The satirist who pokes fun at everyday things in Africa

In real life, comedians can be surprisingly serious and sombre people, carrying the weight of the world on their shoulders and projecting an angst — a far cry from their on-stage or in front-of-the-camera persona. The Nigerian-British host of BBC’s satirical show What’s Up Africa, is no different. Only that he does not view himself as a comedian.

“I enjoy making people laugh and I think I’m okay at it, but I don’t do stand-up. I’m curious by nature and I share a lot of the journalistic values that journalists at the BBC have. I’m somewhere in between these two. Rather than ‘comedian’ or ‘journalist,’ I’d describe myself more as a satirist.”

Recently in Kenya to cover news stories suggested by What’s Up Africa fans, Ikenna filmed skits around corruption, censorship, police abuse and nefarious prophets, with the aim of skewering each with his trademark searing wit. But he also covered inspiring stories such as that of Joe Kioko, a male ballet dancer.

Ikenna started out as a corporate lawyer, but after four years, he felt he needed to do what was true to his talents and inclinations.

Even though his show is a mere three minutes a week (with additional clips on YouTube), you can tell that he is switched on about it and eager to do more.

Not only is he earnest about what he does, there is also a big need for it. There is a saying that if you can laugh at your worries, you have gained power over them.

What’s Up Africa delivers through satire how Africans talk about their problems, without handwringing and angst. This is a very empowering paradigm shift. That’s why he’s a person to watch out for as an influencer in the next few years.

The original angle

Having filmed in 12 countries on the continent thus far, What’s Up Africa has featured Uganda and Tanzania in the recent past. In Tanzania, Ikenna’s sketch took the African Development Bank to task for the ambiguity of its statistics, while in Uganda, he took on the government for selling off public school land to commercial developers.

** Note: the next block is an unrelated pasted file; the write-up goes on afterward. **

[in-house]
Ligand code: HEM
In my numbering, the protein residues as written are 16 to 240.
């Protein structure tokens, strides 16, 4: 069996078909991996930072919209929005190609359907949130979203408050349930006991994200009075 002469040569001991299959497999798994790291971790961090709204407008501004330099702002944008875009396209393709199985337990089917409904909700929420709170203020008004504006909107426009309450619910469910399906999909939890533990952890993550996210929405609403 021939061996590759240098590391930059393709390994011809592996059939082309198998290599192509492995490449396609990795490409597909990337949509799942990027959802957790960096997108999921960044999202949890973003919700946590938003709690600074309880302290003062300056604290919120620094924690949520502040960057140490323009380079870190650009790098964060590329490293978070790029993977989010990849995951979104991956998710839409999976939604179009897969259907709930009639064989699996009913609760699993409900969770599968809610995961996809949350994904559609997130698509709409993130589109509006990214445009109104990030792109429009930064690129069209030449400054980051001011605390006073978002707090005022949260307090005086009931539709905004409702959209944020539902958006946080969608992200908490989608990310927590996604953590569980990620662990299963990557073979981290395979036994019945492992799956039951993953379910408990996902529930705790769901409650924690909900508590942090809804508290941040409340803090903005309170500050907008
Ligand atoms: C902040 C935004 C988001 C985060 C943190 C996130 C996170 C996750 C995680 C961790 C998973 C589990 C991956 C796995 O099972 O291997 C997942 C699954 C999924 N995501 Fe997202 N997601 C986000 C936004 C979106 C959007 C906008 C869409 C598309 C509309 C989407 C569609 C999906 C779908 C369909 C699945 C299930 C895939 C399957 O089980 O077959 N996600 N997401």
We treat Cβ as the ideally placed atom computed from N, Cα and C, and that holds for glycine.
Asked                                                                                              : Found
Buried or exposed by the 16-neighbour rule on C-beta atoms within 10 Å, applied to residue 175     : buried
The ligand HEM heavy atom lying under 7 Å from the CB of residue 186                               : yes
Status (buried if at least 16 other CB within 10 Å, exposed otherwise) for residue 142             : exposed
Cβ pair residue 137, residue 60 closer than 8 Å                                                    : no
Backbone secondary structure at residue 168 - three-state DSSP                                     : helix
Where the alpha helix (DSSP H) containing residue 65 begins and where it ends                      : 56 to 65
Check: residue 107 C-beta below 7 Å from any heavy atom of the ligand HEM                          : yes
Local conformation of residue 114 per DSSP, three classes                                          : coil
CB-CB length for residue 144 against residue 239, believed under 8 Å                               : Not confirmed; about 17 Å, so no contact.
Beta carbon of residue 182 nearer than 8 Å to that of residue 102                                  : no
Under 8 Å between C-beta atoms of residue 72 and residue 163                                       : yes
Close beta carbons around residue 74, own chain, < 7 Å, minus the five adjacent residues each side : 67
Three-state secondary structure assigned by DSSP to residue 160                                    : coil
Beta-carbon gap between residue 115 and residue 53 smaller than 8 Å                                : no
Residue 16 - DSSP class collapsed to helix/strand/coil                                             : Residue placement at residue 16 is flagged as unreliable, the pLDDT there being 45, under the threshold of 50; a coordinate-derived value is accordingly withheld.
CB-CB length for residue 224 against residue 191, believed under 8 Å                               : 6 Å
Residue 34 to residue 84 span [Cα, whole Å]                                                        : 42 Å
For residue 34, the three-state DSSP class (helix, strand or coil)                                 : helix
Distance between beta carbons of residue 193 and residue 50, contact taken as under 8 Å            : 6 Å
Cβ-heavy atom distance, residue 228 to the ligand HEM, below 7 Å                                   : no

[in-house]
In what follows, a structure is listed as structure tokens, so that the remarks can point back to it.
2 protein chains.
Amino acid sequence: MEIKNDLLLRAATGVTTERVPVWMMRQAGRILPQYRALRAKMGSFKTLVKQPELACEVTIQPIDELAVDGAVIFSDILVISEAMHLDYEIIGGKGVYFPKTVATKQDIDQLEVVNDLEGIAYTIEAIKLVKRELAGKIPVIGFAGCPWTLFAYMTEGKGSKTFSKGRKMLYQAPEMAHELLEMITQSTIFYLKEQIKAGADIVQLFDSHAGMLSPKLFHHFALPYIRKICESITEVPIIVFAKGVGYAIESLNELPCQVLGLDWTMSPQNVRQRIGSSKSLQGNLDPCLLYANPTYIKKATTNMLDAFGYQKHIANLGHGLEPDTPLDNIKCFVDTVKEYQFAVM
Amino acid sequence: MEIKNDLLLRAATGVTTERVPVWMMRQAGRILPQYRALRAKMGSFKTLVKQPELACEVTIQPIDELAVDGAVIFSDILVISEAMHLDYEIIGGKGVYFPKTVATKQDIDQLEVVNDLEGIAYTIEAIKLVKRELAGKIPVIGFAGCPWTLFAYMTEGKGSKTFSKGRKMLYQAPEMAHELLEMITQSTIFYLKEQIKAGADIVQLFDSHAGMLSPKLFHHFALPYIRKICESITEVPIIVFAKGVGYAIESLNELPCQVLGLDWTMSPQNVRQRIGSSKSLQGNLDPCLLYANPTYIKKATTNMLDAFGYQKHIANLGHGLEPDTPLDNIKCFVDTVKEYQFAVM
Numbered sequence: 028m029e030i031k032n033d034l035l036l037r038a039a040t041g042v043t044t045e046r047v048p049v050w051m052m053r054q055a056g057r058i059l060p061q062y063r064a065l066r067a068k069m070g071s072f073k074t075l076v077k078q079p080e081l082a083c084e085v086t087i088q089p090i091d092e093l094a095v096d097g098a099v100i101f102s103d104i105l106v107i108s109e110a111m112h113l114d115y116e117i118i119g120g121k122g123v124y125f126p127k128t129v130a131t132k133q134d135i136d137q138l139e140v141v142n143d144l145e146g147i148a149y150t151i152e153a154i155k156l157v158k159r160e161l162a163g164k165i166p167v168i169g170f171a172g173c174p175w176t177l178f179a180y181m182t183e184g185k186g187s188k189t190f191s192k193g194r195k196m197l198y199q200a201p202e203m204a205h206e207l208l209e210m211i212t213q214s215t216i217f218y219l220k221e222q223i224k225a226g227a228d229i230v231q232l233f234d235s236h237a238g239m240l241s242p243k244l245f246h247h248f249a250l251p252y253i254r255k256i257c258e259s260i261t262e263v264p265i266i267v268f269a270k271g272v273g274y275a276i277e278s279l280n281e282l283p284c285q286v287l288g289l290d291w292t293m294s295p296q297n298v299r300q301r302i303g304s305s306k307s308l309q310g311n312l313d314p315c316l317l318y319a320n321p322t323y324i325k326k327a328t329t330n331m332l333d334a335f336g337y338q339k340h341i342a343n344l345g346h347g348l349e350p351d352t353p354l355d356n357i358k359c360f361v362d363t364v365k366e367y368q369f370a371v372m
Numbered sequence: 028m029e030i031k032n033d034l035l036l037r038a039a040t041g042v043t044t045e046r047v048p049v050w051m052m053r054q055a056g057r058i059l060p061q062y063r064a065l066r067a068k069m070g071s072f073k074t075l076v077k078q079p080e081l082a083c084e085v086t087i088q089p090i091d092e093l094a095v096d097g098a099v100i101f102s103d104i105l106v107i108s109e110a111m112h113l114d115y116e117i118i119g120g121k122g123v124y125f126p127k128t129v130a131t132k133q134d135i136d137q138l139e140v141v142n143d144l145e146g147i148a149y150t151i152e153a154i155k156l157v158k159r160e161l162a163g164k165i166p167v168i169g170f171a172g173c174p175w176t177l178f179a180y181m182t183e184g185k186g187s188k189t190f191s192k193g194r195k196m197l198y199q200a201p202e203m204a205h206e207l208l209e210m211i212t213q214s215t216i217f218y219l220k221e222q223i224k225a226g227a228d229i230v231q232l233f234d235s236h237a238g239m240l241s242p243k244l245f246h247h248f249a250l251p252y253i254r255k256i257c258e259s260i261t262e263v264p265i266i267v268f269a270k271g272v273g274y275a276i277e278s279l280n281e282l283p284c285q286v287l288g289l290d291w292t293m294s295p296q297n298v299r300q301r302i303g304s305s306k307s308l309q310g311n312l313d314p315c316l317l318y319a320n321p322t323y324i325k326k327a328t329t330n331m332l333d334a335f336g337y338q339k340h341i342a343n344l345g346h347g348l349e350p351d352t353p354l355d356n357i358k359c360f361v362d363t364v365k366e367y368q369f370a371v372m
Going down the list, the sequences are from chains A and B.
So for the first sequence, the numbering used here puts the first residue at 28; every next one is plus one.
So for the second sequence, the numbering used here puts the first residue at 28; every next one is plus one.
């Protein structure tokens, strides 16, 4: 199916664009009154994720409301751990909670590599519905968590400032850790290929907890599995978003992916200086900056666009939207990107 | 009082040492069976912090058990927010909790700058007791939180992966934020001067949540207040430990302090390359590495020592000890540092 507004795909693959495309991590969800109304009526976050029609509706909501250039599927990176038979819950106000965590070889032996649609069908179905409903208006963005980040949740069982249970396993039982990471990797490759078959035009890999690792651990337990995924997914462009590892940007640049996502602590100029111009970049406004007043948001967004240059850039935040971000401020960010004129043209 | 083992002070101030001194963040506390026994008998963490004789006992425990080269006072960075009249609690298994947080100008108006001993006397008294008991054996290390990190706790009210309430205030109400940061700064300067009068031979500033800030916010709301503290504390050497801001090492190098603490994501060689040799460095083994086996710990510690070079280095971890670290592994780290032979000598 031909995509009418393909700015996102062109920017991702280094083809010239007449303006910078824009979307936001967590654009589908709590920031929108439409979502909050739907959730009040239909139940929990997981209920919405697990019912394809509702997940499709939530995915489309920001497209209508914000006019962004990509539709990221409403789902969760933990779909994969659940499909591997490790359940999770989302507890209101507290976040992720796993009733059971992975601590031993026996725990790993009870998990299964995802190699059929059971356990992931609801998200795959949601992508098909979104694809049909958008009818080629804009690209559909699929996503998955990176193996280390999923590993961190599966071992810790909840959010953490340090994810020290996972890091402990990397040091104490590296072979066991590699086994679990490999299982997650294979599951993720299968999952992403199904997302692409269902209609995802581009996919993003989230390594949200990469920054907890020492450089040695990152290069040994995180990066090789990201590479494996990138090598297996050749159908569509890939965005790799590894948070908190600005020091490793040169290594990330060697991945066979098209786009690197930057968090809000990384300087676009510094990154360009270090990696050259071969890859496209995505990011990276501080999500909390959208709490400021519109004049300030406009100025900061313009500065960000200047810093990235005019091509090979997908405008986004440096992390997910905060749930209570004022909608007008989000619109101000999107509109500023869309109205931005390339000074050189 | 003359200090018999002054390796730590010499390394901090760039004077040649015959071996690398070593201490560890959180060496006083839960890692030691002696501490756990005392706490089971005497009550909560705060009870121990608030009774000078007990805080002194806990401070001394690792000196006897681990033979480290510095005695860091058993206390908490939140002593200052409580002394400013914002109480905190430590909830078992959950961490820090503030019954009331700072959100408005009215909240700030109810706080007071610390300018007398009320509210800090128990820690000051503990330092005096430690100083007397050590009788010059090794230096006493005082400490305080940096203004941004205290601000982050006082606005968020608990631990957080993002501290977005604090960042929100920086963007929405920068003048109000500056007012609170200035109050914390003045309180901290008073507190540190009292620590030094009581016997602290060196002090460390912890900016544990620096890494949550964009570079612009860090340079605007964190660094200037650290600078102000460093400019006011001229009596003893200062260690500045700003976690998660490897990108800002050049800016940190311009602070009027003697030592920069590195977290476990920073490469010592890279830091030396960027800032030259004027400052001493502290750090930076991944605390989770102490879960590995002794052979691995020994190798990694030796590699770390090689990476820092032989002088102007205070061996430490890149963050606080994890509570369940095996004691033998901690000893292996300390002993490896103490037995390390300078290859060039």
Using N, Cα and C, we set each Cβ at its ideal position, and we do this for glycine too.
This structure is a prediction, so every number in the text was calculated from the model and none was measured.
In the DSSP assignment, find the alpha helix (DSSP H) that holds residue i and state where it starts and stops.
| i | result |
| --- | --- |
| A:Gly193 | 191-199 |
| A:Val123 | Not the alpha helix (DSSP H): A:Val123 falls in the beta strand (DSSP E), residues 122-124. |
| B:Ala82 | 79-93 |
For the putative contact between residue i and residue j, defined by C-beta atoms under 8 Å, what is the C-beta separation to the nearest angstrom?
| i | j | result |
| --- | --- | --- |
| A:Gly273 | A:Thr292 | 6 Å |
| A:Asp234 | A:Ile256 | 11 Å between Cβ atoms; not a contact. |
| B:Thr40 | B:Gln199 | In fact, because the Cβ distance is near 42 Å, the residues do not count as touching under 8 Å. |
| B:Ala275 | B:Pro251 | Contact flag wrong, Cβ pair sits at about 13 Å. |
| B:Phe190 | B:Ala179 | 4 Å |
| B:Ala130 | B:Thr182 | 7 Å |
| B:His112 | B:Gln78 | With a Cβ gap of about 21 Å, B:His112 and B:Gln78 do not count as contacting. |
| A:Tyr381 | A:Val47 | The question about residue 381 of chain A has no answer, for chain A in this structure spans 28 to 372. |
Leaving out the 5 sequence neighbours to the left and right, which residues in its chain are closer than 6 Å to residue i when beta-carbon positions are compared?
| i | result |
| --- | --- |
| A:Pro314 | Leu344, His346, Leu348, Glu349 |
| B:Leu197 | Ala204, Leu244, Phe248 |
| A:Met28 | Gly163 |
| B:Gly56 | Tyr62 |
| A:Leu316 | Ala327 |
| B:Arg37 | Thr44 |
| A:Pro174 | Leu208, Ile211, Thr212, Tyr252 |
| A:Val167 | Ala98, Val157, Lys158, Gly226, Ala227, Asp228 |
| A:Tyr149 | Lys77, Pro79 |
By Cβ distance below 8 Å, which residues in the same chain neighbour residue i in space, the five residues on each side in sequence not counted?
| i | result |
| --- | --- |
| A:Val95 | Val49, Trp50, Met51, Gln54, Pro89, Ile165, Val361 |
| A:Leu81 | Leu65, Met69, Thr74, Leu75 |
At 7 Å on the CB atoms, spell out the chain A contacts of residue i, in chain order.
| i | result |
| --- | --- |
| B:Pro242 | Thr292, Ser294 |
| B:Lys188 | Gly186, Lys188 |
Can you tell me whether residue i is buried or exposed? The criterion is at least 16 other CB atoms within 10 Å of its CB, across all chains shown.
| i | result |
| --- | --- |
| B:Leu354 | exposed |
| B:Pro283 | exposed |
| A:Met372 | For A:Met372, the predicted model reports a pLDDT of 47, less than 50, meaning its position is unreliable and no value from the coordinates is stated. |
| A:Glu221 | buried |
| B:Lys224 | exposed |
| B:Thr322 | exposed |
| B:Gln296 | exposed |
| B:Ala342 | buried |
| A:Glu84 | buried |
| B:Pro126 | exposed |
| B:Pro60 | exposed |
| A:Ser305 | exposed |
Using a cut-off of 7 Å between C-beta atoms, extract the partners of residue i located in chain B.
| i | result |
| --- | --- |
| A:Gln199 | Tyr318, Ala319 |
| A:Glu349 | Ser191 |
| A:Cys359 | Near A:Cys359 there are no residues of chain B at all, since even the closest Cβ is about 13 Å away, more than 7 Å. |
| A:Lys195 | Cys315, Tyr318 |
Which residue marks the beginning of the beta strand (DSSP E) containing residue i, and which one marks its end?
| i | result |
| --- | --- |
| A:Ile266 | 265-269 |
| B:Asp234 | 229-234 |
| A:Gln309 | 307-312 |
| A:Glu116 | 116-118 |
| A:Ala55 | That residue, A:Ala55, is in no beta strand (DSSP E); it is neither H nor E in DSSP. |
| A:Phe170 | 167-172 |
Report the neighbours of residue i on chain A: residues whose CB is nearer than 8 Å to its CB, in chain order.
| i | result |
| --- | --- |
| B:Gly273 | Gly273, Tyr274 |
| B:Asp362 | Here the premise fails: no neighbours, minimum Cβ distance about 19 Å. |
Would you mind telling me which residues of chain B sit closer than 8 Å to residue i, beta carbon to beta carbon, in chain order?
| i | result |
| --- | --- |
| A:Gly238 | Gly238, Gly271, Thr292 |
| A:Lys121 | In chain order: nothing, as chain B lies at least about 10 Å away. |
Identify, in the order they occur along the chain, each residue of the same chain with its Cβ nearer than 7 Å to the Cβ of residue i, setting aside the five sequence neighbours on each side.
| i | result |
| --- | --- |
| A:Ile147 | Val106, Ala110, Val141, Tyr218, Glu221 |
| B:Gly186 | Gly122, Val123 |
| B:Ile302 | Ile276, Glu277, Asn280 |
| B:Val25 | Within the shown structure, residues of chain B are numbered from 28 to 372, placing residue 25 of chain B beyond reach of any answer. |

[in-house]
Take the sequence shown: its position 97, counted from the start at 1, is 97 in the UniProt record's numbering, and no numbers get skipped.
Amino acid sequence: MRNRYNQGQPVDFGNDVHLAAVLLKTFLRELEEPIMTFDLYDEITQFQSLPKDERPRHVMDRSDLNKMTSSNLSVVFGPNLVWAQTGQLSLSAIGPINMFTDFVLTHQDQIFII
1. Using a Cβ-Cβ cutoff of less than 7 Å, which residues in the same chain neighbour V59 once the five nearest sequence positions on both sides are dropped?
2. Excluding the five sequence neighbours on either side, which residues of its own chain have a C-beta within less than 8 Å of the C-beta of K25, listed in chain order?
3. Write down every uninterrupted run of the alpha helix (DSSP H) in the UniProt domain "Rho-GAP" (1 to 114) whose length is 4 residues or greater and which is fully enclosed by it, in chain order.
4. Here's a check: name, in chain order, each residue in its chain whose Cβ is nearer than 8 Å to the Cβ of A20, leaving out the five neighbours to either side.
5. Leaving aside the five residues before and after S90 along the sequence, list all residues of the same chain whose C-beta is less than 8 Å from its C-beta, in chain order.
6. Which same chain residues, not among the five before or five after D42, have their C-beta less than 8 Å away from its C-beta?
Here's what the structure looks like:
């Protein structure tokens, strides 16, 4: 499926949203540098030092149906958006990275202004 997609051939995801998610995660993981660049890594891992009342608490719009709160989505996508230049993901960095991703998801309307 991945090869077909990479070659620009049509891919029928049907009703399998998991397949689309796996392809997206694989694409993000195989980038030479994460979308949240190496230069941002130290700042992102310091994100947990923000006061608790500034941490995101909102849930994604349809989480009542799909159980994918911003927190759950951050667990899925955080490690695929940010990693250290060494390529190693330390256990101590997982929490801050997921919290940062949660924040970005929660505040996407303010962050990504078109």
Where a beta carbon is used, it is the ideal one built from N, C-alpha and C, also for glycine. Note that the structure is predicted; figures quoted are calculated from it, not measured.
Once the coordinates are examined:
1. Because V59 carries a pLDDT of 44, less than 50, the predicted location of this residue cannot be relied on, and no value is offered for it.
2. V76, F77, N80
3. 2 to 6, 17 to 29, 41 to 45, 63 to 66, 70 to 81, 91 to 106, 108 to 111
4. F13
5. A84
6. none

So what does it take to make a good show? “There has to be an original angle to a story. Like an argument, a thesis that I am putting forward. And it has to be very funny. I want to entertain people, I want people to laugh out loud. But not always. Sometimes I just want people to go away thinking, ‘Yeah, I hadn’t thought about that in that way.’

The new programme season, starting on March 1, will also feature collaborations with Kenyan comedian Eric Omondi and the Redfourth Chorus.

Reading through the comments on Ikenna’s social media feed, he’s been compared to a younger Will Smith, Trevor Noah and Ray William Johnson, but he says the comedians he admires are Jon Stewart, John Oliver and Steven Colbert of the US. “I’m also inspired by people like Serena Williams, who work their backs off and are driven and successful.”

What’s Up Africa is breaking the mould, being the first satirical show on the BBC World news channel.

On his future plans and legacy, Ikenna says, “BBC has Focus on Africa, which is its flagship Africa show. It would be good if there could also be a 30-minute slot for satire and something that could be a platform not just for the kind of sketches that I do now, but for interviews, music, collaborations with producers and content creators from Africa. In terms of trajectory, I’m hoping it can be like Ali G, who started with small segments on a Friday night show, and then got his own show.”

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By Kingwa Kamencu